(ran T, NS, S editions of B)
Every day, Gloria Terrio looks in her mailbox hoping to find a $50 refund check and every day, she comes up empty.
So do many other people who played at the Lakeview Bingo hall, 1704 Clearwater-Largo Road. They say they paid in advance for a bingo marathon that never took place. The hall unexpectedly closed a month ago, leaving its patrons confused and $50 poorer.
Police have received about 30 complaints, and the case is being investigated by the state attorney's office, said Largo police Detective Harry Rumsey.
Charles Watkins, part owner of the hall, said he and partner Frank King were waiting until the equipment was sold to give customers refunds. They spent the ticket money for daily expenses, he said.
"The hall was having cash flow problems, and we had to shut down," Watkins said. "We were by no means trying to steal money from these people. It wasn't that kind of money. It was like two or three thousand dollars, which is a drop in the bucket considering what we lost."
King could not be reached for comment, but Watkins said the equipment had been sold and the money would be refunded in the next few weeks.
"If the equipment could have been sold right away, then it wouldn't have been a problem, but you have to find someone who needs the equipment," he said. "Anyway, we knew these people from the bingo hall. We didn't want to see them lose their $50."
But Terrio has a hard time believing Watkins. The hall shut down without warning, and the whole situation seemed suspicious, she said. "It was almost as if they didn't want anybody to know where they were and who they were."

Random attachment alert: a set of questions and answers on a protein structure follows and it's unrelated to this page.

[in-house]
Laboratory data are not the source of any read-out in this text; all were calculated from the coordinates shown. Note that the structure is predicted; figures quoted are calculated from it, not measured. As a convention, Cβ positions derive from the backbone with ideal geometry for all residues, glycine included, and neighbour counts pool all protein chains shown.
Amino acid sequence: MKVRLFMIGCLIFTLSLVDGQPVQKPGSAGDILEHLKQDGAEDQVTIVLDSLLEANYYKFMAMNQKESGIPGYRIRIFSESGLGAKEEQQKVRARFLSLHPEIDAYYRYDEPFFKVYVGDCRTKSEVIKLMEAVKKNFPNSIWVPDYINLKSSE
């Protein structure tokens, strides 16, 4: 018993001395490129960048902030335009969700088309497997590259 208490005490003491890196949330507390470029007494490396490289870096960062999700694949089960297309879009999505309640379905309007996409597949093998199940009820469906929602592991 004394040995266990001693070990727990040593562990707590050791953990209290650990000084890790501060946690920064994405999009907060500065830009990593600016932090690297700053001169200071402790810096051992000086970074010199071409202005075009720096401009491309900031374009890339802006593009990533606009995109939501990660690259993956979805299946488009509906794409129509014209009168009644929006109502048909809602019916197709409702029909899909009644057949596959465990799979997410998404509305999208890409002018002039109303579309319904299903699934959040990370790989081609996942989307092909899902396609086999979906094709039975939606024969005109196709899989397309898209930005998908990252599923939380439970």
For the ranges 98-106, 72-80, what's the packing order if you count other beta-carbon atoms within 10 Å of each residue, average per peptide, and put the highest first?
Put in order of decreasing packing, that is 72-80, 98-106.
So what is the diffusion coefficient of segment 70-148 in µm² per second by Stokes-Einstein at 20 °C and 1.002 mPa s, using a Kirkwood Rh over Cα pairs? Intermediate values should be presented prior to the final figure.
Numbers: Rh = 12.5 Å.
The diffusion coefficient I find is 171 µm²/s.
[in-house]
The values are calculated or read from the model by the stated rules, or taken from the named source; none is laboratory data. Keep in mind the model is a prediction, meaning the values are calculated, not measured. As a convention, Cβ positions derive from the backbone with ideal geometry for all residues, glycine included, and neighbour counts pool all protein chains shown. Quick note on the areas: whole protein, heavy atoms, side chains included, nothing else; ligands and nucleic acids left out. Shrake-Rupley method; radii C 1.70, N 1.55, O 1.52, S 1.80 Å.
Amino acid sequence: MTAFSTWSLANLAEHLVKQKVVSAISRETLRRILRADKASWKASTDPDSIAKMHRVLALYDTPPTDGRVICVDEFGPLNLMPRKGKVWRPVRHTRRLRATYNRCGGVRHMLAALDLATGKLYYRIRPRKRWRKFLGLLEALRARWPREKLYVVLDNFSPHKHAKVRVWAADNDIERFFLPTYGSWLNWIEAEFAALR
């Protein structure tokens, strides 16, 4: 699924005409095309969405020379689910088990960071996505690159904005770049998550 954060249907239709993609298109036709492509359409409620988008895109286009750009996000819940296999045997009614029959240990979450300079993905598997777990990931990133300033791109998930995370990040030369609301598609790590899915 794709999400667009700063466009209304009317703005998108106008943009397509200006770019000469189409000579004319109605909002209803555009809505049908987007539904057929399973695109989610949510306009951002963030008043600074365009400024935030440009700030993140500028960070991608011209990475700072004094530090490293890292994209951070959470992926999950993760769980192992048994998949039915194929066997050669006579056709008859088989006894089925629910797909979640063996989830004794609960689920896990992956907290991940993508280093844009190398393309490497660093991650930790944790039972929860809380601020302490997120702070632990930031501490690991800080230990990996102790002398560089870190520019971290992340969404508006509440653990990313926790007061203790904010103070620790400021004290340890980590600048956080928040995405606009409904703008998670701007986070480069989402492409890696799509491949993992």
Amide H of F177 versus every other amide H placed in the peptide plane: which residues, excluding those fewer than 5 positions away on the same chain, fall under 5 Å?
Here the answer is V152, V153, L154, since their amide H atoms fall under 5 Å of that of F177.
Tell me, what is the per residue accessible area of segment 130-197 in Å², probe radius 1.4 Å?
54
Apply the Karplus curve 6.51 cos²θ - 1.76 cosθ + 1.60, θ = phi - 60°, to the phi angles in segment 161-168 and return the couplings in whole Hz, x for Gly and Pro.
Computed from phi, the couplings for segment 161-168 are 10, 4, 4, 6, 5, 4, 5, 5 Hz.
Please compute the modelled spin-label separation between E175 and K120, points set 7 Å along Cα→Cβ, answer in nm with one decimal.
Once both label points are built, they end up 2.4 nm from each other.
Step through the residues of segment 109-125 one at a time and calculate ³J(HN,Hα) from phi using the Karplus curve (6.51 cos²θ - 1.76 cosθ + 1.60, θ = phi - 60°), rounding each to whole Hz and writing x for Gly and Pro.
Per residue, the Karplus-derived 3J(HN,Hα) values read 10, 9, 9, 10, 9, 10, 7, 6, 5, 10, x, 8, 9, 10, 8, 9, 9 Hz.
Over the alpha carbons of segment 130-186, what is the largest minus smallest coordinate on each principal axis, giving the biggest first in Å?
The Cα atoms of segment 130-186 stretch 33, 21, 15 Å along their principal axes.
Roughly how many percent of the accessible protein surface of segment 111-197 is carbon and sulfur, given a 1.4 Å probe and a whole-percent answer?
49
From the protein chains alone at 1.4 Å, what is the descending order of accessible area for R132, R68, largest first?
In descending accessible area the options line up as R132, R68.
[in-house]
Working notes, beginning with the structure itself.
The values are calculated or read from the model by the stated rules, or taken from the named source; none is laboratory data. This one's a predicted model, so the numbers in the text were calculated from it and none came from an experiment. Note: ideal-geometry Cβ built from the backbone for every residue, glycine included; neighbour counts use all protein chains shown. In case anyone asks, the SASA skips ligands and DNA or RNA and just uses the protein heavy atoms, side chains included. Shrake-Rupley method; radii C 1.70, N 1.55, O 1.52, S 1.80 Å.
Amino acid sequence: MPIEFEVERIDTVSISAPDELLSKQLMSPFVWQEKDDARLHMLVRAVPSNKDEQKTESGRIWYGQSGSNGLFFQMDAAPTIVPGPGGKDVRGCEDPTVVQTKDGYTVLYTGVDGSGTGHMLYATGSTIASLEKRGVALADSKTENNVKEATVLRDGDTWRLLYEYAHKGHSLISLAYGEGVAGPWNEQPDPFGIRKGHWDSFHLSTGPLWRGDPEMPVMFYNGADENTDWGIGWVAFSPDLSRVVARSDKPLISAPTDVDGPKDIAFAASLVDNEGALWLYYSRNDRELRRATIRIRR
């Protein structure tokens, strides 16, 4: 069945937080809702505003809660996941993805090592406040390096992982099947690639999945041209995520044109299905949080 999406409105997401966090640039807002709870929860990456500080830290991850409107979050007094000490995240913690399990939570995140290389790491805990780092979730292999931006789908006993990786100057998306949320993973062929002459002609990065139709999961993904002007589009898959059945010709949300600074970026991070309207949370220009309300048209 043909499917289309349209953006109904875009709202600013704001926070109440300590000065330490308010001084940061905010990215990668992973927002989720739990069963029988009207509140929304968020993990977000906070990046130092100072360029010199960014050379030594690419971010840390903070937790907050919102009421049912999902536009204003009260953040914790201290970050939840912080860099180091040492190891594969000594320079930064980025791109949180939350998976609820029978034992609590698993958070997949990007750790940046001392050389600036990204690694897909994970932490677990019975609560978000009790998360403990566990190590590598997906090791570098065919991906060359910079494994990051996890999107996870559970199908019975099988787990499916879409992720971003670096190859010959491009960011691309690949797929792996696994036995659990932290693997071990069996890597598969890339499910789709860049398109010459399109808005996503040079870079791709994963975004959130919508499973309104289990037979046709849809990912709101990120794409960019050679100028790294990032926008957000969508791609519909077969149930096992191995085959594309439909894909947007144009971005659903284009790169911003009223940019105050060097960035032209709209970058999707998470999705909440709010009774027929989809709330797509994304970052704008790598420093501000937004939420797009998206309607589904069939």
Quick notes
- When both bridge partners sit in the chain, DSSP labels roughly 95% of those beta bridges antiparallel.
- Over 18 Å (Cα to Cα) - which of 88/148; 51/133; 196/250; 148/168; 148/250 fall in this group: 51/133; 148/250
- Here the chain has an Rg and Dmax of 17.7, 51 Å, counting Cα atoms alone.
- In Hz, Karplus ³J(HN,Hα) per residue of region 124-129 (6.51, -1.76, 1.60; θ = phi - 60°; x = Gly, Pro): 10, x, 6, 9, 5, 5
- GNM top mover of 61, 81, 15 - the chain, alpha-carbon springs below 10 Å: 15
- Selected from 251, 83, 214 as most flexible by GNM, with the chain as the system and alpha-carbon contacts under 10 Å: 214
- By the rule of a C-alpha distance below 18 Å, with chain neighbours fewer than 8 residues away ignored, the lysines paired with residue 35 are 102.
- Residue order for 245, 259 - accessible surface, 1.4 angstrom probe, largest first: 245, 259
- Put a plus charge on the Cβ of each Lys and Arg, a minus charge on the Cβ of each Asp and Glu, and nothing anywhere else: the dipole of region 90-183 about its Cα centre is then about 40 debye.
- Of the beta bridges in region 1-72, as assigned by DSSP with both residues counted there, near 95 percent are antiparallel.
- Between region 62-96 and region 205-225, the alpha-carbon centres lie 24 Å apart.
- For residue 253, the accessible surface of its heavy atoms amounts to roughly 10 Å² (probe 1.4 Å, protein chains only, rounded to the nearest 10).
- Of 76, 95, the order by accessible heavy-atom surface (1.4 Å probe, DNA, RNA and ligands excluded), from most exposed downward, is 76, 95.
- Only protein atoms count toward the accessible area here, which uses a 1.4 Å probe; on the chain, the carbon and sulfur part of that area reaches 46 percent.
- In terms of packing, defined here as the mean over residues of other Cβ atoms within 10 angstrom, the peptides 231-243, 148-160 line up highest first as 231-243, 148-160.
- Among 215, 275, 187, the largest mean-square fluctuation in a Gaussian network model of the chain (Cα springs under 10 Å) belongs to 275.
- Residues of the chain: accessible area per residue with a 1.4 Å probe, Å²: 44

The marathon was scheduled for a Saturday, but when people showed up on Friday to play a regular session, they found a sign stating that the hall was forced to close because of a lack of money. Directions were given to mail in receipts in order to be refunded.
"I've worked with this hall before, and they've always been on the line as far as requirements for that type of establishment," Rumsey said, adding that the men violated the rules for commercial halls by even selling tickets in advance. "When I spoke to Charles Watkins about this, he was like "Okay, you've got me.'
Brenda Rossicoe, who spent $100 on tickets for herself and a friend, said she didn't know the hall closed until another player told her.
"I just couldn't believe it when the woman at the store told me we weren't going to be able to play," she said.
Even the employees at the hall didn't know about the closing ahead of time, Terrio said.
"One of the fellas that worked there said that they didn't even know about it until after the last evening session was over," she said. "They shouldn't have left everyone hanging."